Theodor Adorno:And which auto-driver has not felt the temptation, in the power of the motor, to run over the vermin of the street – passersby, children, bicyclists? In the movements which machines demand from their operators, lies already that which is violent, crashing, propulsively unceasing in Fascist mistreatment. Not the least fault for the dying out of experience is due to the fact that things assume a form under the law of their purposiveness which restrict their interaction to mere application, without the surplus – were it that of freedom of behavior, were it that of the autonomy of the thing – which might survive as the kernel of experience, because it is not consumed by the moment of action. Read More:http://www.marxists.org/reference/archive/adorno/1951/mm/ch01.htm image:http://www.squidoo.com/hot-rods-kustoms-lowriders-gassers-and-other-custom-cars

Yves Engler:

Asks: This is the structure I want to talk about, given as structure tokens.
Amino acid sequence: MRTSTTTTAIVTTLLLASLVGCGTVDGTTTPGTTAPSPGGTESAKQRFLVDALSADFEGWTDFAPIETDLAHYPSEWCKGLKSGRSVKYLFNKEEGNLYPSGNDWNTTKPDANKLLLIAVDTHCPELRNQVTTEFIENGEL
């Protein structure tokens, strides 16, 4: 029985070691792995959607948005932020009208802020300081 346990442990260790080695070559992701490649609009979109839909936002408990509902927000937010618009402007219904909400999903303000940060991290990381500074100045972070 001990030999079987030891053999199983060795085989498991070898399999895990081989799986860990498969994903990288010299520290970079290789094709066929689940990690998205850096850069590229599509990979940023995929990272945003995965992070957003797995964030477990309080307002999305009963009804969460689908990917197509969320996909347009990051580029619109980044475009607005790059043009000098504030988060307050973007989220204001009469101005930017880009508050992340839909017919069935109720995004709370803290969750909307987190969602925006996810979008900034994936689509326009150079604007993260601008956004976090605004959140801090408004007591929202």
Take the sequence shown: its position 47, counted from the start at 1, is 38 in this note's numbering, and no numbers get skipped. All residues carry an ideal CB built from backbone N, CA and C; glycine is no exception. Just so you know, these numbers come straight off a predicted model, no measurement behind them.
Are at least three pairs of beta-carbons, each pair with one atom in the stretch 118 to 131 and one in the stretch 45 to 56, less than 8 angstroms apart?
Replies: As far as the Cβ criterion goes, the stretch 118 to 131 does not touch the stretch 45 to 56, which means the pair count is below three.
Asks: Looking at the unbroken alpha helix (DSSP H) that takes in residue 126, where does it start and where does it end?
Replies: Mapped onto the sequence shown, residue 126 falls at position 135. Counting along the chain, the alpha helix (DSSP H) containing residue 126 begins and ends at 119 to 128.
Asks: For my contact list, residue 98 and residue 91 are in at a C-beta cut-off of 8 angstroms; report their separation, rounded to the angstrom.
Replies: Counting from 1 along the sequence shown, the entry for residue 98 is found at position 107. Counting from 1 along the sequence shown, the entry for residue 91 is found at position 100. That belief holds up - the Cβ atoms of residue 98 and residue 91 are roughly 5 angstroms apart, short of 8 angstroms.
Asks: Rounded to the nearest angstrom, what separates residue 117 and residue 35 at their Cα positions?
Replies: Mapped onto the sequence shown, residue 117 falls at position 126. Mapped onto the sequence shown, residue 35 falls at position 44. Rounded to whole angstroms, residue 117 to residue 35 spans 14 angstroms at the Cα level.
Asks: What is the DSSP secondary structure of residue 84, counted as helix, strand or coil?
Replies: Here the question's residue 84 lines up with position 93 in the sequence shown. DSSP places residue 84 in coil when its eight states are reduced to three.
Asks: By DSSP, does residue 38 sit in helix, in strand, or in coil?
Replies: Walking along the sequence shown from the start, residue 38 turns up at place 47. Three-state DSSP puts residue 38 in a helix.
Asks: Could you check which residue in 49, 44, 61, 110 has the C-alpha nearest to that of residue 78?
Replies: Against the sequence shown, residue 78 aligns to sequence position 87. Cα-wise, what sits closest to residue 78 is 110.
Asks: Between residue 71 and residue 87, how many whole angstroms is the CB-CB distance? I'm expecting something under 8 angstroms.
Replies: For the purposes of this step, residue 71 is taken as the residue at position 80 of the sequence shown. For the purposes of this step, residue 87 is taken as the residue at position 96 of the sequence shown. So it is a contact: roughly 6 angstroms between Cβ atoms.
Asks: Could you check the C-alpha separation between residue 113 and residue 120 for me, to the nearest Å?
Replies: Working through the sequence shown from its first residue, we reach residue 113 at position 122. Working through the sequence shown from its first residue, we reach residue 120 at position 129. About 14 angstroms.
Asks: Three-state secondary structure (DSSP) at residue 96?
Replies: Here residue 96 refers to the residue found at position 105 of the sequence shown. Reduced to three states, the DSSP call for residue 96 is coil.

Nearly three-quarters of U.S. households earning less than $15,000 a year own a car, and in an extreme example of auto dependence, tens of thousands of “mobile homeless” live in their vehicles.

The poor purchase cars because there is no other option in a society built to serve the needs of the automobile.  If you want to work you need a car.  If you want to visit your friends you need a car.

Car-dominated transport eats up a disproportionate amount of working-class income.  At the same time, the automobile is an important means for the wealthy to assert themselves socially.  A luxury vehicle lets the

e world know that you have arrived, both literally and metaphorically.  ”The automobile’s a credit card on wheels,” writes Heathcote Williams.  ”It’s pushy to tell people how much you make, so you tell ‘em through your automobile.’’ Read More:http://yvesengler.com/2010/09/30/class-struggle-against-car-domination/